The difference between the autumn terms of this academic year and last seems to embody my recovery more fully and vividly than anything else. Last year I spent all my time, except two hours a week in which I taught translation to undergraduates, on my boat working on my doctorate. I'd already begun to eat more then, but the major effect of that had so far only been greater hunger. So yes, I'd have to go out for my daily bike rides, and to buy food, and to see friends now and then for coffee, and I'd go twice a week to my therapist; but food was at the forefront of my isolated mind all the time.

I'd go home and eat my carefully planned snacks, to which I'd look forward all the time in between, and I'd work on my thesis. It was the chapter on emotional responses to fictional texts, and it seemed apt, because I was gradually coming to sense that I felt emotions myself again, after years of the flat monotony of tiredness and fragility. But all the time I wondered, both nervously and curiously, what was changing because of my eating more, and what that would mean, and not really believing anything ever would.

And now---everything has. The beginning of this term was a social whirl: drinks evenings and dinners and all imaginable sorts of gatherings, for students and Fellows and lecturers, with sparkling wine and sherry and crisps and port and chocolates, and all the things to eat in between. I felt almost guilty, leaving my boyfriend here alone so many evenings---but then he was here to come back to, and tell everything to. And now it's settled down into the routine of giving tutorials and classes and having lunches in college and coming back for dinner with him, and still despite the greater calm I have none of the sense of isolation that I did before. Being involved in other people's lives so much more---having a hand in the education of those who are, for a brief while, ‘my students'---is challenging in a quite different way from the work on the thesis: it demands breadth of knowledge rather than depth, and the ability to talk and listen as much as to read and write.

Lunches with my colleagues, too, are a crucial part of the week, and of the mental state that I inhabit now: the fact that the lunches at college are quite out of my control in terms of content and company, yet immovable in time and place, gives them an agreeable fluidity-in-fixity: they're reassuring, yet still never fail to yield the little thrill of remembrance, every time I walk in and go to the canteen to choose what to have, of how impossible this would have been for so long.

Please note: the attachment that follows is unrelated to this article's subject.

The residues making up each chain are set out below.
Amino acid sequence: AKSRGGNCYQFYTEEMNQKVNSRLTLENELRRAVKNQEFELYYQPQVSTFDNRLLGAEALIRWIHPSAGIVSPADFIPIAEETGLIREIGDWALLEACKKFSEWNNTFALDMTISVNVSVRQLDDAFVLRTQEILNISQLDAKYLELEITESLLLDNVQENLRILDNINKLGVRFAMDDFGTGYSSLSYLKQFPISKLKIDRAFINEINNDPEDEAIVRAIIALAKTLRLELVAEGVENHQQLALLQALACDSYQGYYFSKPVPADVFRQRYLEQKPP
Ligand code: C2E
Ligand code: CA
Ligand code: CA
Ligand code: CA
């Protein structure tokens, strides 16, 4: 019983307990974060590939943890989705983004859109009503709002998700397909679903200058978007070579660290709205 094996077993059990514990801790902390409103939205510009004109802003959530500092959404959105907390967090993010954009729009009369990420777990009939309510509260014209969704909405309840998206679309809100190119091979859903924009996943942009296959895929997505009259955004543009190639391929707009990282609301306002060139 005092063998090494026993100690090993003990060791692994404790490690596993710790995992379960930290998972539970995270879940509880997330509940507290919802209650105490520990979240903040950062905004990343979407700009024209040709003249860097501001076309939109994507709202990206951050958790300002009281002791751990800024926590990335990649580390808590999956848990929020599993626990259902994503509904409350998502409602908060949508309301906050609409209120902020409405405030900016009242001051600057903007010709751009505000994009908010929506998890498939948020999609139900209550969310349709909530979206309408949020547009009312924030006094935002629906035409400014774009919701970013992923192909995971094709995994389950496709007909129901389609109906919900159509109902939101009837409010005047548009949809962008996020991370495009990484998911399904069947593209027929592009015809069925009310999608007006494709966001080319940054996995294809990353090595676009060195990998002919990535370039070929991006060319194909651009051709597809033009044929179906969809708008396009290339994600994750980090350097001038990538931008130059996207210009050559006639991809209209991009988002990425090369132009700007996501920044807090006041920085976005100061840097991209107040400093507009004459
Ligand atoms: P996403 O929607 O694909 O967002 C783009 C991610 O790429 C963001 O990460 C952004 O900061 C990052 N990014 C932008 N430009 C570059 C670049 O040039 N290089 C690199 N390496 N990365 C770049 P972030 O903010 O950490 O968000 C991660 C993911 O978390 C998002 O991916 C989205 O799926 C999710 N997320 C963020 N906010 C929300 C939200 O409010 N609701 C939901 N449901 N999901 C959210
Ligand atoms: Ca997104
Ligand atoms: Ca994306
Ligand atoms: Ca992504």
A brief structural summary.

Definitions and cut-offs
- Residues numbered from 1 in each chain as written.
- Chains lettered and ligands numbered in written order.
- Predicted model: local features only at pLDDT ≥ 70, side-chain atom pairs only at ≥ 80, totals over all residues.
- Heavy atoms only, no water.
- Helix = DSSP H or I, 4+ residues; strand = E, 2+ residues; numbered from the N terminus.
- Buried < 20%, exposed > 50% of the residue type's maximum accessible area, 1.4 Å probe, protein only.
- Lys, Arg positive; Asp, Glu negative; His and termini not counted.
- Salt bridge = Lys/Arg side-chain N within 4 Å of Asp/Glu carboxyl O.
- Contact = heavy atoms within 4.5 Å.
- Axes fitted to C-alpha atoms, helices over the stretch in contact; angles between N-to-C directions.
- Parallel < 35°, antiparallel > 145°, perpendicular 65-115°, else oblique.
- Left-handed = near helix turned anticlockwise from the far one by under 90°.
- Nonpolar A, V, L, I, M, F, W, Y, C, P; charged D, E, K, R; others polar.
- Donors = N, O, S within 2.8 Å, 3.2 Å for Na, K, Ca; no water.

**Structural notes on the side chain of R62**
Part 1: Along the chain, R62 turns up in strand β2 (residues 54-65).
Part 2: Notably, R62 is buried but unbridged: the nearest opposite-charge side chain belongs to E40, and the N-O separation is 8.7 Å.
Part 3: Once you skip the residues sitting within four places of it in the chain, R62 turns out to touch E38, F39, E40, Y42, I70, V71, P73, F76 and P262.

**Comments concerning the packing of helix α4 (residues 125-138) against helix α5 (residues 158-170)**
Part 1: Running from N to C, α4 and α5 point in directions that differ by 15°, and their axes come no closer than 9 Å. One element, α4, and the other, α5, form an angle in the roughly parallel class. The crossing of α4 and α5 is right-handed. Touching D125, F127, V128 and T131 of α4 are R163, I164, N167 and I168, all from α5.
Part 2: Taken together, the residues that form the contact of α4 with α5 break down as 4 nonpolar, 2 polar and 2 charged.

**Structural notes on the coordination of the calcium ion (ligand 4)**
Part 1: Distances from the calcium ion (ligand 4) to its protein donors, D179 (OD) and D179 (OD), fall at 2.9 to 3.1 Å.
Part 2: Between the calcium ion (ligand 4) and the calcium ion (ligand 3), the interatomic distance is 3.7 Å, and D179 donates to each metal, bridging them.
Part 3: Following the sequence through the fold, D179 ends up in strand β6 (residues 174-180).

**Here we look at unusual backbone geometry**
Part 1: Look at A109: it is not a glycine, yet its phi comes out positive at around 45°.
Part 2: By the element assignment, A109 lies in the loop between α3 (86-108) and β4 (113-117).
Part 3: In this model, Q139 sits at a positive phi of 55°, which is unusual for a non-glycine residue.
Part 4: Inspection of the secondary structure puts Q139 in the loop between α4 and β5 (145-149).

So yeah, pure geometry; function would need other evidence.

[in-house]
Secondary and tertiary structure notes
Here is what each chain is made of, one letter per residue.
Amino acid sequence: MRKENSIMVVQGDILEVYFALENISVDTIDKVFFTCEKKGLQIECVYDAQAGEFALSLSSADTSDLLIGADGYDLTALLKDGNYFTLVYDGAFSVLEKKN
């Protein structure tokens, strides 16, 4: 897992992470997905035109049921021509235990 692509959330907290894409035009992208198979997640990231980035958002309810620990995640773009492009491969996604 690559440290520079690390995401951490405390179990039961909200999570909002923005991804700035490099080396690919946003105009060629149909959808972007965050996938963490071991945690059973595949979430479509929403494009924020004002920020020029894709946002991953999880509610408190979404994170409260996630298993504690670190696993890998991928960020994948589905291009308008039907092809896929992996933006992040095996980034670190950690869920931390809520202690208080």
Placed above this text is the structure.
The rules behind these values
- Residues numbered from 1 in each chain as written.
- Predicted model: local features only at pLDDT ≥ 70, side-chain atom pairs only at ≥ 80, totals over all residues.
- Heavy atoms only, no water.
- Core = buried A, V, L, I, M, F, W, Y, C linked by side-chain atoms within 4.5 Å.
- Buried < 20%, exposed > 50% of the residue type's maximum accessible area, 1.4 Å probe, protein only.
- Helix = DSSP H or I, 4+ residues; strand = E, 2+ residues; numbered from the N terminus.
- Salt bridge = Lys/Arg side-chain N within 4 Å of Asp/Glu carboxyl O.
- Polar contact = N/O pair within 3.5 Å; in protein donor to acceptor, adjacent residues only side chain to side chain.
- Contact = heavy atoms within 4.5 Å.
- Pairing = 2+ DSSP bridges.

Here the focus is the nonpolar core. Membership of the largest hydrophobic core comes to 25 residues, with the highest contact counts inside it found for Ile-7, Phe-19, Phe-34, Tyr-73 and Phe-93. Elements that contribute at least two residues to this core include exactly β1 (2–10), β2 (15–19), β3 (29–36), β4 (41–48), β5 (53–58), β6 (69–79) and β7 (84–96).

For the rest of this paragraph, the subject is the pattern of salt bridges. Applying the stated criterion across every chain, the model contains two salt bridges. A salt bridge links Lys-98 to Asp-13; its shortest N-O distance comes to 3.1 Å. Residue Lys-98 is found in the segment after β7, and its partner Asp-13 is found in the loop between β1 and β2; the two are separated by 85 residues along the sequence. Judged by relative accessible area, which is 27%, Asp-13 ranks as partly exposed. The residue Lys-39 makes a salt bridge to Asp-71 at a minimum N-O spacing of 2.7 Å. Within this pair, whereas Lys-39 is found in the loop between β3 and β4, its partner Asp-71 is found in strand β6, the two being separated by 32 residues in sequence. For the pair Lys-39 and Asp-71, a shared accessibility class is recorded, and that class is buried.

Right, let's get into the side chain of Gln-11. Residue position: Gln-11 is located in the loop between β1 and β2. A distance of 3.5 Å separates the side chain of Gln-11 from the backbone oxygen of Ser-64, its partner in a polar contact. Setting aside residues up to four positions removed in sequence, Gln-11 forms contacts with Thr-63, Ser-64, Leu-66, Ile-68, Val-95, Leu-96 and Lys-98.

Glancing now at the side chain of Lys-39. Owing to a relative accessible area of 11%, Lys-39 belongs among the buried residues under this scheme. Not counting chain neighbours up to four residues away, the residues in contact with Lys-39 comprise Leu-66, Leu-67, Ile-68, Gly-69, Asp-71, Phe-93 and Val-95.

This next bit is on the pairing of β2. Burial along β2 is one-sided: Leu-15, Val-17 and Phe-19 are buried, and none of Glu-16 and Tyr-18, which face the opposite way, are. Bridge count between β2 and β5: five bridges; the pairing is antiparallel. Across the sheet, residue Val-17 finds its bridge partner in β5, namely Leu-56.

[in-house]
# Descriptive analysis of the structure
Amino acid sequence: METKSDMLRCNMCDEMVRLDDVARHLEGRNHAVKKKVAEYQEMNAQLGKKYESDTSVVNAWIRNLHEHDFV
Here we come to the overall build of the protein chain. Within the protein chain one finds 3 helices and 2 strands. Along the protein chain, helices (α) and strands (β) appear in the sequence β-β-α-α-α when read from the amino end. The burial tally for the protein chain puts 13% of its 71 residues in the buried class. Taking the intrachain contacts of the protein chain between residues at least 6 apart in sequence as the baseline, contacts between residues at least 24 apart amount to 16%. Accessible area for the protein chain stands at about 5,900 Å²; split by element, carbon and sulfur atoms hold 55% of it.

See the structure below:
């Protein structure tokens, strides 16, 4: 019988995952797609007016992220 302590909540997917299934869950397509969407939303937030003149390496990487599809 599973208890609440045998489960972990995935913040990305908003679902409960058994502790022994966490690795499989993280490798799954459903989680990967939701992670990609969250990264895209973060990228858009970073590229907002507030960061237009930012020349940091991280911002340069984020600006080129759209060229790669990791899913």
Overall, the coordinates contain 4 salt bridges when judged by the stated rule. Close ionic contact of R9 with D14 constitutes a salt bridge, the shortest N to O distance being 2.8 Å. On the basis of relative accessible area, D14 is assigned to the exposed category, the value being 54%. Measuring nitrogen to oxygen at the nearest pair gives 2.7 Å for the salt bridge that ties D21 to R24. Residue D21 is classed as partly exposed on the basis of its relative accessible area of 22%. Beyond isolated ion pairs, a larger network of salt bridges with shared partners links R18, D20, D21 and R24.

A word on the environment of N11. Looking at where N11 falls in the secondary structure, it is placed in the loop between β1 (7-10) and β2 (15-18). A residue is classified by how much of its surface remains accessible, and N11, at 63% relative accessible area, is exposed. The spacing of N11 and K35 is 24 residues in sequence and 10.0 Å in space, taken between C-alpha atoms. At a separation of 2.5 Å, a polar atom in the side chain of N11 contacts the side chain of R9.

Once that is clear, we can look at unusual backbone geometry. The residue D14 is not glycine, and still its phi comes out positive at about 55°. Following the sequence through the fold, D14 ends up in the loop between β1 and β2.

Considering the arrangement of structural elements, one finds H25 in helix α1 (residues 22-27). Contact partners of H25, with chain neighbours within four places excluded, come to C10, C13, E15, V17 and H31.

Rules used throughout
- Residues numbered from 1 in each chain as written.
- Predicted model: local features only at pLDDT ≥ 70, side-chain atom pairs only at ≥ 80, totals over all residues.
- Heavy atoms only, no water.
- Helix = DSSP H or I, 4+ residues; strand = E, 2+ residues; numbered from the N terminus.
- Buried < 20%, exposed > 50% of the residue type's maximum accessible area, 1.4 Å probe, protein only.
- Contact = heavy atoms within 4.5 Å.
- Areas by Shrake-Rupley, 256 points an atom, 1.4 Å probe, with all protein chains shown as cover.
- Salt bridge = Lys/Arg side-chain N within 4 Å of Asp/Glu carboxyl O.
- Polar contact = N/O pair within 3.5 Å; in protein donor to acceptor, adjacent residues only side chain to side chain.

To have an array of foods before me, and to have to choose from them, in front of so many people, despite their not being in the least interested, and to decide precisely how much - or not even decide, just take a few spoonfuls until it looks about right. And to have to sit down next to whoever's there already, and make more or less small-talk, and eat while doing so, and then decide whether to have the ‘proper pudding' or the fruit salad, or the cheese, and to be able to see the other people who have just salad every day, or who take little bits of bread away with them for later, and not wonder or worry about them eating less, or more strangely, than myself. And the idea of anything that's not eaten going to waste, but not going to get seconds to prevent it. And then of getting up afterwards and going back to work---marking or teaching or whatever else---and the meal being over, and not important now or later or before, really, in any sense other than its being quite nice, usually.

It's quite remarkable. I can still recapture all of that terrified anxiety so easily, yet I feel none of it. The only thing that keeps me still tied to that time is the thesis, really. It feels like the most visceral bond remaining between the old me and who I am now. It is what gave me a sense of purpose and direction throughout all those dark months; yet it's also what made that darkness deeper, for it was the reason and the excuse to keep everything else off to the edge of life, to devote myself all the more wholeheartedly to making that single piece of life-defining work all it could be. It was the substance that filled the hours between getting up and finally eating, or, in the latter months, between one carefully planned episode of eating and the next. It was what made everything possible---but what made everything else impossible. It made life bearable, but unbearably hard.

And even now, I've had to keep so much energy somehow still alive, to fit in the last bits of editing and altering between teaching commitments, knowing that if I ever let it drop, let the ball fall, the momentum cease, I'll never be able to regain it again. It's a part of me that, however much its content matters to me and makes me proud, has gone forever. As a finished product it will be a bleak yet gleaming reminder of all I went through to create it, but for now, just on the cusp of completion, it's more than just a reminder: it's a haunting companion whenever I sit down with it. Especially if I happen to be tired or hungry while I'm working on it, I have flashes of how it used to be when it was only the thesis and me.

How glorious it'll be when it's finally gone, and become an inert object in its soft binding. I hope this was the last weekend I'll ever have to work on it---and then, at last, it'll be me on my own, without the crutch and the crippling weight that my thesis has been for so long.

You are reading

A Hunger Artist

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